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Enhancing clinical metabolomic studies through improved laboratory and bioinformatics tools

   Institute of Systems, Molecular and Integrative Biology

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  Prof Warwick Dunn, Dr Andrew Davison, Prof R Goodacre  Applications accepted all year round  Self-Funded PhD Students Only

About the Project

Applications will be reviewed until a suitable candidate is appointed and funding is available.

Metabolites play many important roles in humans including in metabolism of food, synthesis of proteins and DNA, in signalling and regulation of biochemical mechanisms and in the development and progression of diseases. Metabolites can be studied in humans to define the phenotype at the metabolic level (metabolic phenotype), to understand biological mechanisms related to human health, disease and ageing, to identify targets for disease treatment and to identify biomarkers for disease diagnosis or responsiveness to disease treatments.

The global study of metabolites is performed applying untargeted/semi-targeted or targeted metabolomic techniques for discovery (untargeted/semi-targeted) and translation (targeted). The quality of data collected and applied, the number of metabolites studied, how the chemical structures of metabolites are identified and how data is biologically interpreted are all important concepts in metabolomics and areas requiring further developments and standardisation.

This PhD has an open objective to enhance one or multiple laboratory and/or computational tools applied in metabolomics studies of humans. Examples include (1) development of metabolite quantification in untargeted/semi-targeted studies; (2) reducing time required for sample analysis; (3) development of target lists for semi-targeted studies; (4) enhancing the use of data for metabolite identification and (5) developing and applying remote sampling techniques for biofluid sample collection (e.g. dried blood spots).

You will be immersed in a multi-disciplinary research environment at the University of Liverpool. The supervisors view a PhD primarily as a training opportunity and both will provide training in a range of areas including (1) Personal development (e.g. personal effectiveness); (2) Metabolism, metabolomics, analytical chemistry and bioinformatics; (3) Study design and operation in clinical studies including ethical considerations.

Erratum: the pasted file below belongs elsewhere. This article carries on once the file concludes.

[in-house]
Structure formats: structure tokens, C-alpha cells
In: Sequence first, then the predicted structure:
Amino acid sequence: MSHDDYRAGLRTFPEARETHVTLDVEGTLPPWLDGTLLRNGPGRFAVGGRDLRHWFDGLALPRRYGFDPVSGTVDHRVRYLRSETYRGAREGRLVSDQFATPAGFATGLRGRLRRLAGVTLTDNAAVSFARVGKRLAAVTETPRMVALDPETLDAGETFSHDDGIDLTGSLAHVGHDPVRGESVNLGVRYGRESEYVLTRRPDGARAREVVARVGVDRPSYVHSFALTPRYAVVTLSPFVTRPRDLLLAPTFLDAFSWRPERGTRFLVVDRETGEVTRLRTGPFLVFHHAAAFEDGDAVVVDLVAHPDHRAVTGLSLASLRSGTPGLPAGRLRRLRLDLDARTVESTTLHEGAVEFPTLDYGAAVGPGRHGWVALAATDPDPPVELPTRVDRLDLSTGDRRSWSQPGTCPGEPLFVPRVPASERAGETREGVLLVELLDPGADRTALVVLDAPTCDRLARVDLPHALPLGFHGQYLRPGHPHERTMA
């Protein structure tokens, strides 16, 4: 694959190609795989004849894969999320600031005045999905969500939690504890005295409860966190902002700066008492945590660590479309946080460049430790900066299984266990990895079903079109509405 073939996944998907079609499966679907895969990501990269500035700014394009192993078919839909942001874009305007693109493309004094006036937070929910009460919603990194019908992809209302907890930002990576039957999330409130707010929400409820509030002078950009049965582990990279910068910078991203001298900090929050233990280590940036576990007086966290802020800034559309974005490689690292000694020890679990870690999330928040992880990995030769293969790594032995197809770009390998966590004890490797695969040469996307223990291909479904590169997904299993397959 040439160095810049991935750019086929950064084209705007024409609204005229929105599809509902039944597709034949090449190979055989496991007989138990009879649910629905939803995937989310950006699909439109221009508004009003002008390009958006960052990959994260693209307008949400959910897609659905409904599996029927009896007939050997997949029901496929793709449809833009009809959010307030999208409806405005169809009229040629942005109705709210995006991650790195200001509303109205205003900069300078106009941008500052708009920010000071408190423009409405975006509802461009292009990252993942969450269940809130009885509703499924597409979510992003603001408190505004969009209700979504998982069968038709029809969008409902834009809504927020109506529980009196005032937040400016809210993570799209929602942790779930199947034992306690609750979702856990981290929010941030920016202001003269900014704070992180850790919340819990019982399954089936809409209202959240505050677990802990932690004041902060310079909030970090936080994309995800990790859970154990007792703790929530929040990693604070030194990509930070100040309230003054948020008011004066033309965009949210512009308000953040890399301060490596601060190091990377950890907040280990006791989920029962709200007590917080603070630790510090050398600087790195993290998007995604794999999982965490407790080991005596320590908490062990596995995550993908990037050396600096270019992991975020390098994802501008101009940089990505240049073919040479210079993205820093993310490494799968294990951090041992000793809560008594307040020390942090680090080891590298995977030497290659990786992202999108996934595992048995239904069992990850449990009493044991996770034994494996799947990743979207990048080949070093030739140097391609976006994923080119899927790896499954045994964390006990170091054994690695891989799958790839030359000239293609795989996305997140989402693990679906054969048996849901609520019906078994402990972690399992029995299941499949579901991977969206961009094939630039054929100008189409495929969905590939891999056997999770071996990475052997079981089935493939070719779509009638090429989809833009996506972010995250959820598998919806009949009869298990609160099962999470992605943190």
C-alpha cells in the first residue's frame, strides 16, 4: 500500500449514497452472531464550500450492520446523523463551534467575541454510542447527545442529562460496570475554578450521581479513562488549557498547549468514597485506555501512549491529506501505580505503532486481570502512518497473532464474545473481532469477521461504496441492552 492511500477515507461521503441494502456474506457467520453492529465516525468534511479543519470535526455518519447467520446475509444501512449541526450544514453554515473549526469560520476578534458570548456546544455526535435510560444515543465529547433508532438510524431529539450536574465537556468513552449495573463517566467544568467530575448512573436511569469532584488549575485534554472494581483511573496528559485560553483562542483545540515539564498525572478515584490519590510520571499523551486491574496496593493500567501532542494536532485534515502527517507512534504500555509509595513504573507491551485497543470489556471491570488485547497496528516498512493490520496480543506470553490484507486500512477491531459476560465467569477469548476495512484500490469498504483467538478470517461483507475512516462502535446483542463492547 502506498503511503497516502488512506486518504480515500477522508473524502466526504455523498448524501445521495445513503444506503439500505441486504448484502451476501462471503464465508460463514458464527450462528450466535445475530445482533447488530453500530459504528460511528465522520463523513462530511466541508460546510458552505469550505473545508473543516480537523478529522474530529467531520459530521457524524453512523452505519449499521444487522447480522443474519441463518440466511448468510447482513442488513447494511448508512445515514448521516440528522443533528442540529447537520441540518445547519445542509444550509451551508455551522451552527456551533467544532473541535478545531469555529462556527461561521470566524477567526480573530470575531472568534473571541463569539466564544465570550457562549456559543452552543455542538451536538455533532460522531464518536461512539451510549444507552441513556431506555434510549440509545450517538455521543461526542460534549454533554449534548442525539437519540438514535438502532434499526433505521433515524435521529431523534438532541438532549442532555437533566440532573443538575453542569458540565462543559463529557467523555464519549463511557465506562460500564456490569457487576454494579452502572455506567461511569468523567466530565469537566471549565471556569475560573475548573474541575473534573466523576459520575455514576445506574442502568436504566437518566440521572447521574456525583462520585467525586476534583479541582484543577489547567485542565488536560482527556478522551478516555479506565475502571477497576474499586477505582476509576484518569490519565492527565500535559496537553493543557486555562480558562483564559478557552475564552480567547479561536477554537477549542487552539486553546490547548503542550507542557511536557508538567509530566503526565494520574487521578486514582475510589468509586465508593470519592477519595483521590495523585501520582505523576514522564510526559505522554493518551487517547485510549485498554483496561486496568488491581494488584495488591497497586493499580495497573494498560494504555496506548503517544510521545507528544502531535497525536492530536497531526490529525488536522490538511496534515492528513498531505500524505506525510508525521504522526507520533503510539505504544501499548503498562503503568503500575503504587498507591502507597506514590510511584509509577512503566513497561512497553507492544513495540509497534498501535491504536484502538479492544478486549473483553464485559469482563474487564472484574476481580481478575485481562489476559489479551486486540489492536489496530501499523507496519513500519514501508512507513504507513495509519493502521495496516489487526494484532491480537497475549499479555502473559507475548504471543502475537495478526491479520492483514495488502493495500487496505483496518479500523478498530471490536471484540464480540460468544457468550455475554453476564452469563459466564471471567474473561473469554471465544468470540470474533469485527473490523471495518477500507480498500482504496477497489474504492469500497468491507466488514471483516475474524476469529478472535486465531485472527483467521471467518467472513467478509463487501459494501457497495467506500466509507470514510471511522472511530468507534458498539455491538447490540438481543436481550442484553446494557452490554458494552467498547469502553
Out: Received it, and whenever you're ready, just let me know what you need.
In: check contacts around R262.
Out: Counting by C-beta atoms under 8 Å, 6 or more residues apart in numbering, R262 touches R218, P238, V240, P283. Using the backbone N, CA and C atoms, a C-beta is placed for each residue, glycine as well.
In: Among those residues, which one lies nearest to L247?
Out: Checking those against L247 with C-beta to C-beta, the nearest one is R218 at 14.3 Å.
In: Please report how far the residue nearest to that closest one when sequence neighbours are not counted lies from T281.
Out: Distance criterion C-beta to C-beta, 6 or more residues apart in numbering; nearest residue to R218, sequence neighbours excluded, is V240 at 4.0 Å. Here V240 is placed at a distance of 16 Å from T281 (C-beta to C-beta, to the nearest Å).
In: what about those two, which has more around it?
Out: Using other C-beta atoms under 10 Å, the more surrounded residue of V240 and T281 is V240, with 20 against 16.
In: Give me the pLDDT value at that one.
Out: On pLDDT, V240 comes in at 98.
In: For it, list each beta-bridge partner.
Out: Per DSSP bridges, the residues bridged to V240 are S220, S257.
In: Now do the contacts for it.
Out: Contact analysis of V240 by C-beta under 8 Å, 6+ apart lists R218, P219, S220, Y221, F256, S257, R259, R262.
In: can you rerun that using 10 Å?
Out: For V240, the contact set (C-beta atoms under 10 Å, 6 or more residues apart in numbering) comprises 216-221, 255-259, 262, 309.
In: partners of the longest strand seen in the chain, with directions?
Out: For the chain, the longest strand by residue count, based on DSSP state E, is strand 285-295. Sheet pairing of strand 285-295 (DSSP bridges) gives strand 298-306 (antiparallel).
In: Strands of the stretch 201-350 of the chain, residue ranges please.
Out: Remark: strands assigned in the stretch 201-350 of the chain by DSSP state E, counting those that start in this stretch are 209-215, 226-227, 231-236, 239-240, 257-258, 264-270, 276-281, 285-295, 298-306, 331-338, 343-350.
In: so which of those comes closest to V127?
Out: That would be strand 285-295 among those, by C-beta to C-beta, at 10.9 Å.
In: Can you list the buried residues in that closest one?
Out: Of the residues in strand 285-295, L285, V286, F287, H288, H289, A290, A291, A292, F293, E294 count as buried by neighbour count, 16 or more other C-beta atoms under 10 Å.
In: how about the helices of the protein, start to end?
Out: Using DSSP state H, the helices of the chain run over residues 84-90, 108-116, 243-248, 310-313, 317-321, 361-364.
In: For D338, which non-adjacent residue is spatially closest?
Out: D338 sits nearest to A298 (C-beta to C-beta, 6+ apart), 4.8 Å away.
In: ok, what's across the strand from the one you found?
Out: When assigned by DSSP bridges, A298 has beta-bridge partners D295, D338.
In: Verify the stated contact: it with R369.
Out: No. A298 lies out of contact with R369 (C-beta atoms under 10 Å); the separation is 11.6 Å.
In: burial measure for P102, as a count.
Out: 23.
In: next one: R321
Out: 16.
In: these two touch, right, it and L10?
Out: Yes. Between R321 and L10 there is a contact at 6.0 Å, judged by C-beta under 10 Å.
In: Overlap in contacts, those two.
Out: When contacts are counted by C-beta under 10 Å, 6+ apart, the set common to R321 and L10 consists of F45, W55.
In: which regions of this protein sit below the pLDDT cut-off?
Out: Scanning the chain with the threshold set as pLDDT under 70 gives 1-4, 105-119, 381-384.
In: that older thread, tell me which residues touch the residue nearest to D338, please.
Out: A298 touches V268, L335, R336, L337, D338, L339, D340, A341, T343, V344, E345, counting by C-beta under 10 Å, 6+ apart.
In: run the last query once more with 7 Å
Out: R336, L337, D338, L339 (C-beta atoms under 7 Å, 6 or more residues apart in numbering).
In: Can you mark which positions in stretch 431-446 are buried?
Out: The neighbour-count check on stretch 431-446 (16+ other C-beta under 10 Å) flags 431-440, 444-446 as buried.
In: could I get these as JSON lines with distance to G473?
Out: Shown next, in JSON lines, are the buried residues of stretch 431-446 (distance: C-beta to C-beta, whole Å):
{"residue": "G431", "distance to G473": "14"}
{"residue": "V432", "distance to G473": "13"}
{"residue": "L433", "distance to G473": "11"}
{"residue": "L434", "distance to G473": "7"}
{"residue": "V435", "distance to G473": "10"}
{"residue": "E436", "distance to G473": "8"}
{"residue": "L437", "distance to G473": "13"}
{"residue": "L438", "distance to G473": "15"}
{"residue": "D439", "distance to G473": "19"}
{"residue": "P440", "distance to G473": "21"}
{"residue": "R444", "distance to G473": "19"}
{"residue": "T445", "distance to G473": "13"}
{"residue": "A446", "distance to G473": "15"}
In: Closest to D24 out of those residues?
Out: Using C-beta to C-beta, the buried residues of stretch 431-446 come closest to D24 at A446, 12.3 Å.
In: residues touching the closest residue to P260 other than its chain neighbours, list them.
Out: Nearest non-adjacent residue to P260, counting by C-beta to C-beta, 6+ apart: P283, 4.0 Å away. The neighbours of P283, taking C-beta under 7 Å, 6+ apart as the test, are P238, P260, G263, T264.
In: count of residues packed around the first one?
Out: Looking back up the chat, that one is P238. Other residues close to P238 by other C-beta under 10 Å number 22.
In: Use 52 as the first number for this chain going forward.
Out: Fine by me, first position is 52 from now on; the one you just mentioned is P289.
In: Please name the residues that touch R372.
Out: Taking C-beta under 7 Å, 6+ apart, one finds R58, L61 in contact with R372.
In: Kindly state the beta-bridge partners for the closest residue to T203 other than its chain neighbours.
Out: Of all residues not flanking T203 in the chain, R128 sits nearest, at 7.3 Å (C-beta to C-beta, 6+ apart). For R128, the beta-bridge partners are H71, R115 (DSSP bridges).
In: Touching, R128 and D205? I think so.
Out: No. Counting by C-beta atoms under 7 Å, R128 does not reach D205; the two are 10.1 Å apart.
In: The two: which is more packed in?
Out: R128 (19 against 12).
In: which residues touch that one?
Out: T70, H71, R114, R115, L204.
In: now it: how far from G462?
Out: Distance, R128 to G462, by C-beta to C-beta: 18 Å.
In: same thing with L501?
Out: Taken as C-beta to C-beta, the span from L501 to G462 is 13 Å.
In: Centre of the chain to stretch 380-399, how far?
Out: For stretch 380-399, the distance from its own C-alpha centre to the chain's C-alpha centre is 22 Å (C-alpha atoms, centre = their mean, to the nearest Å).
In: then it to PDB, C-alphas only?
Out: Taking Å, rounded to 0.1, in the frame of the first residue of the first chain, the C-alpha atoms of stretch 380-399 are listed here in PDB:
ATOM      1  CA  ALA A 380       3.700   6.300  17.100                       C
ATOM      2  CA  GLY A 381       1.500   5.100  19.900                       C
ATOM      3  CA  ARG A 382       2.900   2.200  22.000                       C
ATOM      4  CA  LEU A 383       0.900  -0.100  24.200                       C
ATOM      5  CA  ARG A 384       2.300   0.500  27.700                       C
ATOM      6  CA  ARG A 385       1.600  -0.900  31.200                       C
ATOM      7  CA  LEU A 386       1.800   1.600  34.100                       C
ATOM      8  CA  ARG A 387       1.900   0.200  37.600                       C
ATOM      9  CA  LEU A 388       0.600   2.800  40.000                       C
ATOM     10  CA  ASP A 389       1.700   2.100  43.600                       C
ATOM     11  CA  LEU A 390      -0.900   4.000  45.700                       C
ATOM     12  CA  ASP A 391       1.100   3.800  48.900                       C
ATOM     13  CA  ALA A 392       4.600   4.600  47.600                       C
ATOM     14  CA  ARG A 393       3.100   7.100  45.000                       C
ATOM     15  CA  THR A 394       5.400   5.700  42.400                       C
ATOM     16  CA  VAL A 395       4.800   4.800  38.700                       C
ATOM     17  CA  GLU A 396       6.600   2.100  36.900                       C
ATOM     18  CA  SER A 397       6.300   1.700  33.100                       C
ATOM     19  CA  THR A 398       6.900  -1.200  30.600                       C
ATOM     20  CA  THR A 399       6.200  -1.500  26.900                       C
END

The project is suited to a biology/biochemistry/chemistry student with either a first or upper second BSc/MSci degree (or equivalent) as a minimum.

For any enquiries and to express your interest in applying for this studentship, please contact Professor WB Dunn on: [Email Address Removed]

Funding Notes

The project is open to both UK, European and International students. It is UNFUNDED and applicants are encouraged to contact the Principal Supervisor directly to discuss their application, the project and applying for funding. Assistance cab be given to those who are applying to international funding schemes. Details of costs can be found on the University website:
A £2000 ISMIB Travel and Training Support Grant may be available to new self-funded applicants.


1. Dunn, W.B., Broadhurst, D.I., Atherton, H.J., Goodacre, R. and Griffin, J.L., 2011. Systems level studies of mammalian metabolomes: the roles of mass spectrometry and nuclear magnetic resonance spectroscopy. Chemical Society Reviews, 40(1), pp.387-426.
2. Hughes, A.T., Milan, A.M., Davison, A.S., Christensen, P., Ross, G., Gallagher, J.A., Dutton, J.J. and Ranganath, L.R., 2015. Serum markers in alkaptonuria: simultaneous analysis of homogentisic acid, tyrosine and nitisinone by liquid chromatography tandem mass spectrometry. Annals of clinical biochemistry, 52(5), pp.597-605.
3. Nash, W.J. and Dunn, W.B., 2019. From mass to metabolite in human untargeted metabolomics: Recent advances in annotation of metabolites applying liquid chromatography-mass spectrometry data. TrAC Trends in Analytical Chemistry, 120, p.115324.
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